Dear Jack: Our “Practice Halloween” Night as a Family/We Watched Gremlins

4 years, 11 months.

Dear Jack: Our "Practice Halloween" Night as a Family

Dear Jack,

Tonight we were able to “practice Halloween” at your preschool with all your friends. You got to be the coolest person possible: Captain America.

It was funny because all your friends who were boys were also dressed up as super heroes; but there were conveniently no duplicates: Batman, Iron Man, Spiderman…

As for Mommy and me, we took a more minimalist approach:

Mommy wore a zebra mask and I wore my cave man hat which I’ve owned for years.

(At Target, your costume only cost us $10 and Mommy’s mask was only $3.)

I like the fact you wanted to make sure your stuffed animal, Kitty, was dressed in costume too; as a baby in a onesie.

And by the way, you got a whole lot of candy! The proportion of candy-to-kids was definitely in your favor.

However, there’s a decent chance it’s going to rain on Saturday, which is Halloween.

So even though we are finally moved in to a nice suburban neighborhood where we can truly just walk door to door, instead of driving to a decent place, we may get rained out! Therefore, tonight served as our back-up plan to that happening to us.

And to set the mood for Halloween, I let you watch the 1984 Steven Spielberg movie, Gremlins; which is currently free on Amazon Prime right now.

gremlins_gizmo Dear Jack: Our "Practice Halloween" Night as a Family/We Watched Gremlins

I admit to having a few reservations in that it, along with Indiana Jones and the Temple of Jones, were the very first movies to be released under the PG-13 rating; as opposed to PG.

Granted, you watched Ant-Man and it was no issue for you.

I don’t regret my decision. You didn’t recognize the bad words, since to you, “stupid” is the one that concerns you the most right now.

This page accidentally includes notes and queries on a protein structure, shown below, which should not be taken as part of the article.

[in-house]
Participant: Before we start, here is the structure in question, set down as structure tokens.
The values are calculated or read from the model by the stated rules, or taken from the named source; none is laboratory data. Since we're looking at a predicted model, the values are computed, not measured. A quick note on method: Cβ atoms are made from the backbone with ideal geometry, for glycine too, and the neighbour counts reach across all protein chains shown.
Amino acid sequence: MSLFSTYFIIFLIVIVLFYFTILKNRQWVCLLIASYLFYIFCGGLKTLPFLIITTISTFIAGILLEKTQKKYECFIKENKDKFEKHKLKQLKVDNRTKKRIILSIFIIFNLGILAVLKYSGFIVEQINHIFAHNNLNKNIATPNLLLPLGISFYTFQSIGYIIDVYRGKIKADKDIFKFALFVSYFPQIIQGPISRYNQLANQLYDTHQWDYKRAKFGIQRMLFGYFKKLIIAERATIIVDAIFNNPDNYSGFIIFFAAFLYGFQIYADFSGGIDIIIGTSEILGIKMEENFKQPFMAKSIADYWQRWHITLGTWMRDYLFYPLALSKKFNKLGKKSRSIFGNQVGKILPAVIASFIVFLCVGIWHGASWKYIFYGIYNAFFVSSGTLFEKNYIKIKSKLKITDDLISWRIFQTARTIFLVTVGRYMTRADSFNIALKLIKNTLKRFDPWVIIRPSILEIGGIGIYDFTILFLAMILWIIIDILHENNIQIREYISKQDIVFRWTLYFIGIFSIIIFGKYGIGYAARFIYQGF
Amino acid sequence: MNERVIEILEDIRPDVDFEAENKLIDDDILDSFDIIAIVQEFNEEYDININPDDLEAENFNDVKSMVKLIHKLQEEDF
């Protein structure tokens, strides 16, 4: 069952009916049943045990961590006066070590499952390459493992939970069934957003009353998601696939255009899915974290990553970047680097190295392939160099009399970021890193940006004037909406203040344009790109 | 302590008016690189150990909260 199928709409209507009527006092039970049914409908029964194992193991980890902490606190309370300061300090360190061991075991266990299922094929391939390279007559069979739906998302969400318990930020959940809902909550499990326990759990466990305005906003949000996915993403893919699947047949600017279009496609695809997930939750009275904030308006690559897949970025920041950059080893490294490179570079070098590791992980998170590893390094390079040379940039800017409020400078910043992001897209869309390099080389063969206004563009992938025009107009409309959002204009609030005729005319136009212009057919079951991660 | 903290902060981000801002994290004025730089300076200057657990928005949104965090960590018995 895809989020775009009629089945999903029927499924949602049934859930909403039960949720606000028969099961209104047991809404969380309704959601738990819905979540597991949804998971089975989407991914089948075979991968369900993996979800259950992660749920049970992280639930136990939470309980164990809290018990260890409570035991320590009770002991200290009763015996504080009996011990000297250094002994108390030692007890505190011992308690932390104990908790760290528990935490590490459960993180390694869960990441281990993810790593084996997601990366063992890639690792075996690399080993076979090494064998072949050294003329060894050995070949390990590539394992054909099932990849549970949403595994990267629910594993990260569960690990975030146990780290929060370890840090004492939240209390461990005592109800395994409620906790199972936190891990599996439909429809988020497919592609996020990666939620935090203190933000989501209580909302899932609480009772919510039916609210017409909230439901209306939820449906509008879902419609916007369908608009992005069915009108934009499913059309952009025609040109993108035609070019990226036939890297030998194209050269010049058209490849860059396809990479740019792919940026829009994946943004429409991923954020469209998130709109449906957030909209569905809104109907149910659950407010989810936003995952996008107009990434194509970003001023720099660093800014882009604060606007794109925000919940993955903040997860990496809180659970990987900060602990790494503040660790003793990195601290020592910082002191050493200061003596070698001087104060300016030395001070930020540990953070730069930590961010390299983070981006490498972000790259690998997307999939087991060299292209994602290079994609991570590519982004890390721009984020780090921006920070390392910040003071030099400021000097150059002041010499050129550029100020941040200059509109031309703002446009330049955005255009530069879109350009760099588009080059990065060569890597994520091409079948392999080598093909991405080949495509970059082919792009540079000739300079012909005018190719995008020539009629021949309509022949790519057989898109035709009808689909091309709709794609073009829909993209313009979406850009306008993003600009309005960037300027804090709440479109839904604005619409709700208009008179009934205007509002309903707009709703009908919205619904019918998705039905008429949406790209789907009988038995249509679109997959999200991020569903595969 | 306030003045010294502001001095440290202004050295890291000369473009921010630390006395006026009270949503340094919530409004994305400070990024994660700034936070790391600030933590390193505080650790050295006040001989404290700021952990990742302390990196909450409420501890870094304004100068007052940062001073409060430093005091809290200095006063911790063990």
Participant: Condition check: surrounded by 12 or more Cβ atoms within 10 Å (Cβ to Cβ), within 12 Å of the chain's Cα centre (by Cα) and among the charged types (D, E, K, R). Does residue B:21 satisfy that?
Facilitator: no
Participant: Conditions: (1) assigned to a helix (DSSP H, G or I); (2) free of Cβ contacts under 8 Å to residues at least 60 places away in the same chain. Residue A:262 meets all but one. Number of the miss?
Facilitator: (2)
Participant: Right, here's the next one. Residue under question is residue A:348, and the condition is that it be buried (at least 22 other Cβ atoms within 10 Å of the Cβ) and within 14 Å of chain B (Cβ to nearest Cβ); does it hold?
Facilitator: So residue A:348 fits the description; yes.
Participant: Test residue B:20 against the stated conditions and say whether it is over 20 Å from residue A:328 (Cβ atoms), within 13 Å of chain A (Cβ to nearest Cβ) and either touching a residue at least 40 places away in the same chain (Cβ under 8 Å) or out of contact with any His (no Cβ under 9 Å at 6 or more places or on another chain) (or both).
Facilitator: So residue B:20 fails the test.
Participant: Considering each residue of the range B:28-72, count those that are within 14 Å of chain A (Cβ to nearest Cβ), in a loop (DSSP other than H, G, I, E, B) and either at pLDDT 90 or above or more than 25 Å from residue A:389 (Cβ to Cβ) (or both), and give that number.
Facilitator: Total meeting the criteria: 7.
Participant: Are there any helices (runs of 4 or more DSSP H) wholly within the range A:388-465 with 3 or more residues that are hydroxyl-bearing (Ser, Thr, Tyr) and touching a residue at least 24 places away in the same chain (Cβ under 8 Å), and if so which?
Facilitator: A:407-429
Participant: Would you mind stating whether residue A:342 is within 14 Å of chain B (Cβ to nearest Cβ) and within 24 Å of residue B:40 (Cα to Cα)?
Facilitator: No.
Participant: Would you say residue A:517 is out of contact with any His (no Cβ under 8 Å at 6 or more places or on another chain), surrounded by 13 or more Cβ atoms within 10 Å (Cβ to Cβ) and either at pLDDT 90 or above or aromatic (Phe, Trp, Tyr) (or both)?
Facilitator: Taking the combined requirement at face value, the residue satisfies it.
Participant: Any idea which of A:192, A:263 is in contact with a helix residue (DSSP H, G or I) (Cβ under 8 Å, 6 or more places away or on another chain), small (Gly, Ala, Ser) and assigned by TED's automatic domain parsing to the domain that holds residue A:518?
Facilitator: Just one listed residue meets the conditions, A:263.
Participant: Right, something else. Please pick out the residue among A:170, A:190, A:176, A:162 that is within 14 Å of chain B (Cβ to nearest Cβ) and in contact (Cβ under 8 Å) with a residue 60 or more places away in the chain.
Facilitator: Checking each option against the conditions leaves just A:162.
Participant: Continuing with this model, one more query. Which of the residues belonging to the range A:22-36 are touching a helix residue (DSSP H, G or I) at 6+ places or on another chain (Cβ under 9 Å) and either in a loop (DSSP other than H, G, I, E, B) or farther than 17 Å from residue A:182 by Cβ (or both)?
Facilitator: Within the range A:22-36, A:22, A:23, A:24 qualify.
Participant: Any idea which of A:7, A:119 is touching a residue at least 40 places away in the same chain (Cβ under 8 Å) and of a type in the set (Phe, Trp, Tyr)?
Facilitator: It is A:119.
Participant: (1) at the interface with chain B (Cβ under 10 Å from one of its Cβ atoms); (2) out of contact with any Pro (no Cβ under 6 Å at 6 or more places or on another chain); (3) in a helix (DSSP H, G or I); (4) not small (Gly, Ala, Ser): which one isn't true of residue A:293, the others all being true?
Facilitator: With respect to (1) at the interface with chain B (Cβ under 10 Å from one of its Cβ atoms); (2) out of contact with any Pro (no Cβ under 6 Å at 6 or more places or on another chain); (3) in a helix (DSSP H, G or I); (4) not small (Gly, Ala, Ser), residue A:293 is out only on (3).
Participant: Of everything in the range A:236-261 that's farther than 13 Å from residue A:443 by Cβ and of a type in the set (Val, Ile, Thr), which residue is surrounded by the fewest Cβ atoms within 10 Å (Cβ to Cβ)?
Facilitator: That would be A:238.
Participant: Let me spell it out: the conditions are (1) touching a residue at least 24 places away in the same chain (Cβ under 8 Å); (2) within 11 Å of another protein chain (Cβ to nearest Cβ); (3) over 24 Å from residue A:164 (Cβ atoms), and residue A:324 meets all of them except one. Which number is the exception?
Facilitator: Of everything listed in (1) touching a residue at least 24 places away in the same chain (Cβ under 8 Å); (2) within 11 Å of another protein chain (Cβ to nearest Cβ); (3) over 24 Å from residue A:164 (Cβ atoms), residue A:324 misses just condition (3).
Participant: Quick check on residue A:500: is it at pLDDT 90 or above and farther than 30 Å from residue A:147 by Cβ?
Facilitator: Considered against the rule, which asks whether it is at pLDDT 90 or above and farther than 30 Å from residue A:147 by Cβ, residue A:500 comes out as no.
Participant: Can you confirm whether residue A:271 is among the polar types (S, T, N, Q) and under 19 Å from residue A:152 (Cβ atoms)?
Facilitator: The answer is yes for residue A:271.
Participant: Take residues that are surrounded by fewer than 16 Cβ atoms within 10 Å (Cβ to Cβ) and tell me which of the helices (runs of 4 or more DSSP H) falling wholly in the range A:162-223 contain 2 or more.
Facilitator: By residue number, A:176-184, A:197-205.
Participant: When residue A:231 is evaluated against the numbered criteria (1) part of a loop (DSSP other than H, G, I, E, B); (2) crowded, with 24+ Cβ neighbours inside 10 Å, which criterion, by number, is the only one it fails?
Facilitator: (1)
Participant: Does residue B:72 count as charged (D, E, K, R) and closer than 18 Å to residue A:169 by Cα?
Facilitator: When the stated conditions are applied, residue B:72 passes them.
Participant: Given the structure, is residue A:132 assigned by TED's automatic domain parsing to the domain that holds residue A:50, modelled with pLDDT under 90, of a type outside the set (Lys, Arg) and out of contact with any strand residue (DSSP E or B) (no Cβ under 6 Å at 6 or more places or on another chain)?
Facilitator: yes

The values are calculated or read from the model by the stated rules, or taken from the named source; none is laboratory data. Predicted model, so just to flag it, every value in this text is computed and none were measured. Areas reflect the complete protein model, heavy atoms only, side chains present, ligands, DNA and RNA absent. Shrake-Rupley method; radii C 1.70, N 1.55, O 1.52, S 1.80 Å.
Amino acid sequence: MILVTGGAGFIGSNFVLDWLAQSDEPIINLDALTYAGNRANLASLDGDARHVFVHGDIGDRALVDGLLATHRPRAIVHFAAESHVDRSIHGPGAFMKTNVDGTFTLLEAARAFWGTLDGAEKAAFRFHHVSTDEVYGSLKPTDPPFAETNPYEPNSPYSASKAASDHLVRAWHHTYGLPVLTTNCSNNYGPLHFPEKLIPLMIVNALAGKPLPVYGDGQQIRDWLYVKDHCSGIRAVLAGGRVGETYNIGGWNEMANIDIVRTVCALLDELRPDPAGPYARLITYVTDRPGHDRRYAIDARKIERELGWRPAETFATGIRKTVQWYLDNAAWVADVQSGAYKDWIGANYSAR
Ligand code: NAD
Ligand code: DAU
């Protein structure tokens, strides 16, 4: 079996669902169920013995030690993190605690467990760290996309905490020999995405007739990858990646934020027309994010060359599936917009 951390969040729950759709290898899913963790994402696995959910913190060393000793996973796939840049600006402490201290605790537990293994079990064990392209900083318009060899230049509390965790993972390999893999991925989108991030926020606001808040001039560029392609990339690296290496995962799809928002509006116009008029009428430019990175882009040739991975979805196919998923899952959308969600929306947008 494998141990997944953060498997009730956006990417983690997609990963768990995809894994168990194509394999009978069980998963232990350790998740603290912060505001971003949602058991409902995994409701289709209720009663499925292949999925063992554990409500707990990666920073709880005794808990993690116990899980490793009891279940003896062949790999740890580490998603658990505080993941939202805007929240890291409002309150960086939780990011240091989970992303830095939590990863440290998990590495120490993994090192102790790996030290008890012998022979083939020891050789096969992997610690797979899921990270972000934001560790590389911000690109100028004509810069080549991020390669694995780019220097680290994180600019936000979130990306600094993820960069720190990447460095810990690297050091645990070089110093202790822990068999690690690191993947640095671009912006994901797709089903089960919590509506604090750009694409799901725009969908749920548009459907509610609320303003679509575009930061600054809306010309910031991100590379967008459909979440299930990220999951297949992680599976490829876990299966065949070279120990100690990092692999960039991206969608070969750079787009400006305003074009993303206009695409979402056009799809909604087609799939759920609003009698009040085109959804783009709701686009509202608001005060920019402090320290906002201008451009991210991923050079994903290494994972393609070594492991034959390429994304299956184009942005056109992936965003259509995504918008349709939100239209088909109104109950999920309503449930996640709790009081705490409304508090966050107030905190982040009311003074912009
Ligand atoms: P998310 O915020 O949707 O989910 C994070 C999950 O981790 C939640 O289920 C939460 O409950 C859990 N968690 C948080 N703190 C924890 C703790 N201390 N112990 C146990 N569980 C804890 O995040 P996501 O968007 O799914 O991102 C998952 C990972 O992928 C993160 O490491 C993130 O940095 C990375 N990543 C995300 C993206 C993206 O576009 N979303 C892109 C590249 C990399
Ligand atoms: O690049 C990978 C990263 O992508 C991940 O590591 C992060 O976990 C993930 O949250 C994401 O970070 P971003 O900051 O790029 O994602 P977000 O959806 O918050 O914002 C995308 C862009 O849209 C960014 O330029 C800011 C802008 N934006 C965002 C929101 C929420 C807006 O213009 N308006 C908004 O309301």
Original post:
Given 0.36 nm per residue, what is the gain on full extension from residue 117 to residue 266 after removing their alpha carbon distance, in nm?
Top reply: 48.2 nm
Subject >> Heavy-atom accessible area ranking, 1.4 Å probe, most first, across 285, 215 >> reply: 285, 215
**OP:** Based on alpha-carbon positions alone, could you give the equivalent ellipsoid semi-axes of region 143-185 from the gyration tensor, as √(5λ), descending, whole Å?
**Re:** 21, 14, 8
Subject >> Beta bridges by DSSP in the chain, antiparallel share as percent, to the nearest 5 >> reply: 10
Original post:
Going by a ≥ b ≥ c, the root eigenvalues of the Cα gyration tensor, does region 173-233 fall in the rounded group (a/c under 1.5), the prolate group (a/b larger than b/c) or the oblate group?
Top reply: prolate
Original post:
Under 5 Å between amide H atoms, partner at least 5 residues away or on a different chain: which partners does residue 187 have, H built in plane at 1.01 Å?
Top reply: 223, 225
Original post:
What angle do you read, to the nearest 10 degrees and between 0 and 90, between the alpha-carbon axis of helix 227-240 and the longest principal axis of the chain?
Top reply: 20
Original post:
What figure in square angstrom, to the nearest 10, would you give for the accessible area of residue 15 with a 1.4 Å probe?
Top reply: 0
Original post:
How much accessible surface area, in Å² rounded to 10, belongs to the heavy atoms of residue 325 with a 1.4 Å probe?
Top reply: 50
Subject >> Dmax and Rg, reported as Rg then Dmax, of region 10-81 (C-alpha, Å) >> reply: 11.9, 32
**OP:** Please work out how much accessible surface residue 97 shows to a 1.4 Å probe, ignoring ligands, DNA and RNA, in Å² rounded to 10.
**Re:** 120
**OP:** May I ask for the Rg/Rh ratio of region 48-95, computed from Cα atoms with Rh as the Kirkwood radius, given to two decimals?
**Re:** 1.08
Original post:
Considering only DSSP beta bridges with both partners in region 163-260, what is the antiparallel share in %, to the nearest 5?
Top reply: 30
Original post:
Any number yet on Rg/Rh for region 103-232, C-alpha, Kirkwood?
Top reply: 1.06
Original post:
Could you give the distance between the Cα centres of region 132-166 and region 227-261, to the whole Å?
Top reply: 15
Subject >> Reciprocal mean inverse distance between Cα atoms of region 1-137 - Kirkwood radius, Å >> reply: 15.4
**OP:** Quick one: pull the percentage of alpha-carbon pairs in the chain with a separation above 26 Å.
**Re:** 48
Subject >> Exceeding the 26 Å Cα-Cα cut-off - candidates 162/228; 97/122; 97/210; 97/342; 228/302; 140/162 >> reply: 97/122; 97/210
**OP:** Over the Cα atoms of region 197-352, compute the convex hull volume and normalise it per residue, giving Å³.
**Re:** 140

And though parts of it are obviously creepy and violent, it was nothing you hadn’t seen on Goosebumps. I’m not saying I recommend showing Gremlins to all 5 year-olds, but I feel confident in us being able to enjoy it together.

You were on the edge on your seat the whole time, and you loved Gizmo. Not to mention, you’ve already proclaimed that when we go to Nonna and Papa’s house next time, you’ll be bringing home my old Gizmo doll.

Love,

Daddy

Why Eighties Movies are So Hard to Remake

And what happened to the genre of romantic comedies…

Back in October I was stuck at home for a few days with severe sinus and allergy problems, streaming Netflix instantly on my laptop all day. I decided to take a break with an ‘80’s movie that I had nothing but fond memories of since my family rented it on VHS when I was in the 3rd grade.  A movie that the general American population still only refers to with a smile and a goofy laugh: Weekend at Bernie’s.

I made it through 38 minutes before shutting it off.  That movie is so boring.  Not funny.  Too unbelievable.  It took them 33 minutes to kill Bernie, and by the time they finally did, I stopped caring.

As I thought more about it, ‘80’s movies aren’t easy to successfully remake because those cheesy, far-fetched, imagination-dependent ideas just don’t fly now that Aerosol hairspray isn’t clogging our brain anymore.  The Eighties were the only ten years that we would buy those concepts.

Like Tom Hanks in Splash (1984).  He falls in love with a mermaid.

Or Michael J. Fox in Teen Wolf (1985).  He is a high school basketball star who happens to have inherited “the werewolf gene”.

Or Andrew McCarthy in Mannequin (1987).  He falls in love with a mannequin that comes to life at the mall he works at.